> Anyways, I'll try to reproduce the problem and get back to you as soon
> as I
> know more. Meanwhile, if you happen to be in an adventurous mood, you  
> may
> try out the development version of HttpClient 2.1 with disk buffering
> completely removed. Be warned, though, the development branch of  
> HttpClient
> is no longer completely 2.0 API compatible. Some minor tweaks to your  
> code
> may be necessary.
>
> http://cvs.apache.org/builds/jakarta-commons/nightly/commons-
> httpclient/
>
> Cheers
>
> Oleg
>
> -----Original Message-----
> From: David Wade [mailto:David.Wade@optimation.co.nz]
> Sent: Monday, August 11, 2003 07:01
> To: 'commons-httpclient-dev@jakarta.apache.org'
> Subject: getMethod.getResponseBody() leaks handles
>
>
> HTTP-CLIENT 2.0 RC1
> SUN JDK 1.4.2
> WIN-XP SP1 (leave me alone)
>
> Have noticed that the use of getResponseBody() on GetMethod leaks file
> handles as compared to getResponseBodyAsStream().   Bizzar but true.    
> The
> following examples are for bug/feature demonstration only.   I tested
> against a local Tomcat.  When repeating the tests change to an
> available
> server/page.
>
> Try running the following and monitoring the Java process with the 
> task manager with the additional column "handles" selected and run over a
> ten
> minutes period.  Ater ten minutes the handle count is at 827 (on my
> machine).
>
>   // Leaking handles example
>   public static void main(String[] args) {
>     while (true) {
>       HttpClient client = null;
>       GetMethod method = null;
>
>       try {
>         client = new HttpClient();
>
>         method = new GetMethod("http://localhost:8080");
>
>         client.executeMethod(method);
>
>         int httpStatus = method.getStatusCode();
>
>         String responseBody = new String(method.getResponseBody());
>
>         System.out.println("status: " + httpStatus);
>       }
>       catch (Throwable t) {}
>       finally {
>         try {
>           method.releaseConnection();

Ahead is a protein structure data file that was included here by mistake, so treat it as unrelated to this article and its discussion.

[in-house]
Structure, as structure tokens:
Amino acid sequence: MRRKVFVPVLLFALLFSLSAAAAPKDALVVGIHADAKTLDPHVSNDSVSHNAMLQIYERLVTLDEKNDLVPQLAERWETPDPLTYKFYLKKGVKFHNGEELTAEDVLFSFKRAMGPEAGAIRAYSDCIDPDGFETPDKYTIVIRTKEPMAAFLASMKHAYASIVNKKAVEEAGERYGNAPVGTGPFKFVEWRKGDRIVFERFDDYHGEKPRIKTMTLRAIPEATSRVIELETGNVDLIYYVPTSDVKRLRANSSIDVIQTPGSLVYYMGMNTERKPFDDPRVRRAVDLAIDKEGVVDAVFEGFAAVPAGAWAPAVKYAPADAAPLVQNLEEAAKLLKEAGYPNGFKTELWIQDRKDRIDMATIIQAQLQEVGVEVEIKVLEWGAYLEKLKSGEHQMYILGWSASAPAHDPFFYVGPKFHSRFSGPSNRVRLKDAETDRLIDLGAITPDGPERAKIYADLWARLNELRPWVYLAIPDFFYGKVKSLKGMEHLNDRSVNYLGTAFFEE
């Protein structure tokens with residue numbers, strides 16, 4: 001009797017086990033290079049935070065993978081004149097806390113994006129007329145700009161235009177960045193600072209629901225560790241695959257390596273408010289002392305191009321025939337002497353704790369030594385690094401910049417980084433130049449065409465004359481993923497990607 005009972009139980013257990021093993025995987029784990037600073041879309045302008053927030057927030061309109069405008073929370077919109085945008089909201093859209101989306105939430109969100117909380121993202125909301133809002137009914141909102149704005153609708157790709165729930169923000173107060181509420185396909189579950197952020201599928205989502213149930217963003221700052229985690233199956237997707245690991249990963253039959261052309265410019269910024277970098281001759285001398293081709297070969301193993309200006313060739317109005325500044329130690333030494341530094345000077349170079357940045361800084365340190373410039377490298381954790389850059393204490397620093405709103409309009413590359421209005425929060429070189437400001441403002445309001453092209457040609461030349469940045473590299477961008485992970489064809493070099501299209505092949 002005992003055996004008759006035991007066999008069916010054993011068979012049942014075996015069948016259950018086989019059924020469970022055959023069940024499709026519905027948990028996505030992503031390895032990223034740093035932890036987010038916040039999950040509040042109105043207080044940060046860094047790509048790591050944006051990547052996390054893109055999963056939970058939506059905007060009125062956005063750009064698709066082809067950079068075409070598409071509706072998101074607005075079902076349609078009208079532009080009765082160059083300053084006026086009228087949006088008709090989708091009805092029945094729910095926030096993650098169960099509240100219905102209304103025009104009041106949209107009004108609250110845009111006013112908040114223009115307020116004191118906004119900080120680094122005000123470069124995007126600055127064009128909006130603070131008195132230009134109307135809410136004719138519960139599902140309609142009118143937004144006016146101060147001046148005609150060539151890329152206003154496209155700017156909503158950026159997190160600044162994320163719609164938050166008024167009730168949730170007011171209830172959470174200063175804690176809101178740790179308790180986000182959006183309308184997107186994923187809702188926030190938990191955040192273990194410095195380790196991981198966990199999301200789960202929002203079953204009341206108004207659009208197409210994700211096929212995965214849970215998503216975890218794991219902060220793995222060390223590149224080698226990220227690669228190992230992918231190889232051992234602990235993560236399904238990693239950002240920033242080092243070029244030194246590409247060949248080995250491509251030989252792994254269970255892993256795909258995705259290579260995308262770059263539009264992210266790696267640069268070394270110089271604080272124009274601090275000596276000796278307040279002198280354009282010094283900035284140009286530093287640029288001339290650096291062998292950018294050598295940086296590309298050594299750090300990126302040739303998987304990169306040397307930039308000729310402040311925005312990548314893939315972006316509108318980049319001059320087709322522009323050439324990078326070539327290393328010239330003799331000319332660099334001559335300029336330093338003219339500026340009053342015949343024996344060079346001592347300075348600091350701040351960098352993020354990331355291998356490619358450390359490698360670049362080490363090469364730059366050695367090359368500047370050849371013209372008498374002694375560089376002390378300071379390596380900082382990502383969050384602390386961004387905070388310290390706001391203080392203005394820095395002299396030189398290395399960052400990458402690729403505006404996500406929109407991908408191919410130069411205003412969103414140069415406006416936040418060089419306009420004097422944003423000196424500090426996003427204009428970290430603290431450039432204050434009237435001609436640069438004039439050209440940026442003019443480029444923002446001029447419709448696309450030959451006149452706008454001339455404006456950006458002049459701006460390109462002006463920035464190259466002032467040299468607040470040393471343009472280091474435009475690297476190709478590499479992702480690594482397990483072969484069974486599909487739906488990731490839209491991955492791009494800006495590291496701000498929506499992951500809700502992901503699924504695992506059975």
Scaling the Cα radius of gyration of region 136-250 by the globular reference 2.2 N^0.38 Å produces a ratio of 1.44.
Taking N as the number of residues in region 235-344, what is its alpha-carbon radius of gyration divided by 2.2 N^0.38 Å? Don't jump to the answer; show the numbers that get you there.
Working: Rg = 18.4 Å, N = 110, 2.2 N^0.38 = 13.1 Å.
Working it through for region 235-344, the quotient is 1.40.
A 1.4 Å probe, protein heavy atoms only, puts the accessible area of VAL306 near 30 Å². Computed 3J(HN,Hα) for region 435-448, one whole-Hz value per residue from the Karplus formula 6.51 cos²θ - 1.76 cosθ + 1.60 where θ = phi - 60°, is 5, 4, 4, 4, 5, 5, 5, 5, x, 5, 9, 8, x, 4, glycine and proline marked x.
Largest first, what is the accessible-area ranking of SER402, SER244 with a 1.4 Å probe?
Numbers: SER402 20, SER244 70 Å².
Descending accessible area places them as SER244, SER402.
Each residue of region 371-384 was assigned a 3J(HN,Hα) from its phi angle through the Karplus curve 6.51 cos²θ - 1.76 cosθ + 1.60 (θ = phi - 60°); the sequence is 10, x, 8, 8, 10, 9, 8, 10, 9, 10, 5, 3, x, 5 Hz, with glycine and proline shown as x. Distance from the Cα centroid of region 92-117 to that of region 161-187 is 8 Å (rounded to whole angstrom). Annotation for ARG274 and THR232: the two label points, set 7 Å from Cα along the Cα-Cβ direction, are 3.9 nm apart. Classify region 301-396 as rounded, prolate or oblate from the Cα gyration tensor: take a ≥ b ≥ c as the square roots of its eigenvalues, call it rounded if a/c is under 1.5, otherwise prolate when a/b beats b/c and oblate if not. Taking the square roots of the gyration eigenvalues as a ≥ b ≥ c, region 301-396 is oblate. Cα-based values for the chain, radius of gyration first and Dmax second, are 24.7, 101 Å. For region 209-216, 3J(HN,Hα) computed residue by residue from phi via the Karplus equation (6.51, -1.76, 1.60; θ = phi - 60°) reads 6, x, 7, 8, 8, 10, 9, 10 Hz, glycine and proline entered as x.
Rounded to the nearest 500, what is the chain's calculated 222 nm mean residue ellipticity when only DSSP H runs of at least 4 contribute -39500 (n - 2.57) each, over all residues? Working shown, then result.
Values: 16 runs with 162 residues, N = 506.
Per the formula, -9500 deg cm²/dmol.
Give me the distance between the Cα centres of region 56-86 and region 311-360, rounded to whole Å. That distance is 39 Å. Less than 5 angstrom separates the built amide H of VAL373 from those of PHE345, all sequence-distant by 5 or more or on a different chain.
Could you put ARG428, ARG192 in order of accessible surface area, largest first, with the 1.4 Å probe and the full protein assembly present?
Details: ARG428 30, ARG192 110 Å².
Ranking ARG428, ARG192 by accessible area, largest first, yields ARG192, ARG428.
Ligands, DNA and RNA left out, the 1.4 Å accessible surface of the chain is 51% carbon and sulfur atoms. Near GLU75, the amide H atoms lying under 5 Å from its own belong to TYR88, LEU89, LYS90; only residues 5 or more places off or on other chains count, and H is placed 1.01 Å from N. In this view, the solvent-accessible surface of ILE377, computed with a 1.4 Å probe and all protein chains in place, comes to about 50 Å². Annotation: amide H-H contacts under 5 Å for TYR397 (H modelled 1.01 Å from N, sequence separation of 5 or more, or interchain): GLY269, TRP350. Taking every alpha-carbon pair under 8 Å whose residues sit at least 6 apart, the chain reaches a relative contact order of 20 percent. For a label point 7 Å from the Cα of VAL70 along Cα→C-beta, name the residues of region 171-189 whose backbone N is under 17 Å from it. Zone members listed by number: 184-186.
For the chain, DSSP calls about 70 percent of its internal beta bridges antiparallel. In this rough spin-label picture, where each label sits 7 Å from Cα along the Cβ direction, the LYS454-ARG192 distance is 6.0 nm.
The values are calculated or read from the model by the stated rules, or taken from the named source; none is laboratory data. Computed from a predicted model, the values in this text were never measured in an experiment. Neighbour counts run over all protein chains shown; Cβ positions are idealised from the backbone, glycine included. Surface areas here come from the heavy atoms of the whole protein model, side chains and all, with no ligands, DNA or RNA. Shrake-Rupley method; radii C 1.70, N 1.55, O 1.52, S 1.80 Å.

>         }
>         catch (Throwable t) {}
>       }
>
>       try {
>         Thread.sleep(100);  // gives time for garbage etc.
>       }
>       catch (InterruptedException ie) {}
>     }
>   }
>
>
>
> In comparison, then try the following code using 
> getResponseAsStream(). After ten minutes it uses just 339 handles.
>
>   // No leaking handles example
>   public static void main(String[] args) {
>     while (true) {
>       HttpClient client = null;
>       GetMethod method = null;
>
>       try {
>         client = new HttpClient();
>
>         method = new GetMethod("http://localhost:8080");
>
>         client.executeMethod(method);
>
>         int httpStatus = method.getStatusCode();
>
>         InputStream is = method.getResponseBodyAsStream();
>
>         byte[] buffer = new byte[16000];
>
>         int len = is.read(buffer);
>
>         byte[] body = new byte[len];
>
>         System.arraycopy(buffer, 0, body, 0, len);
>
>         String responseBody = new String(body);
>
>         System.out.println("status: " + httpStatus);
>       }
>       catch (Throwable t) {}
>       finally {
>         try {
>           method.releaseConnection();
>         }
>         catch (Throwable t) {}
>       }
>
>       try {
>         Thread.sleep(100);  // gives time for garbage etc.
>       }
>       catch (InterruptedException ie) {}
>     }
>   }
>
> This would 'appear' to be a serious bug.  Ten minutes and ~500 handles
> lost,
> so what after a day...
>
> Have had a quick debug step thru of getResponseBody() and it does
> appear to
> not execute any of clean up code, that happens in the second example.
>
> Obviously I have a workaround, but feedback on whether other have the
> same
> result (on Solaris would be interesting).
>
> Ta. ________________________________________________________________
> David Wade              Senior Consultant
> Optimation NZ Ltd       Phone :+64-9-3097918
> L4, Optimation House    DDI   :+64-9-3075561
> 43 College Hill Rd      Mobile:it doesn't work.
> PO Box 106-104          mailto:david.wade@optimation.co.nz
> Auckland, New Zealand   Web   :http://www.optimation.co.nz
>
>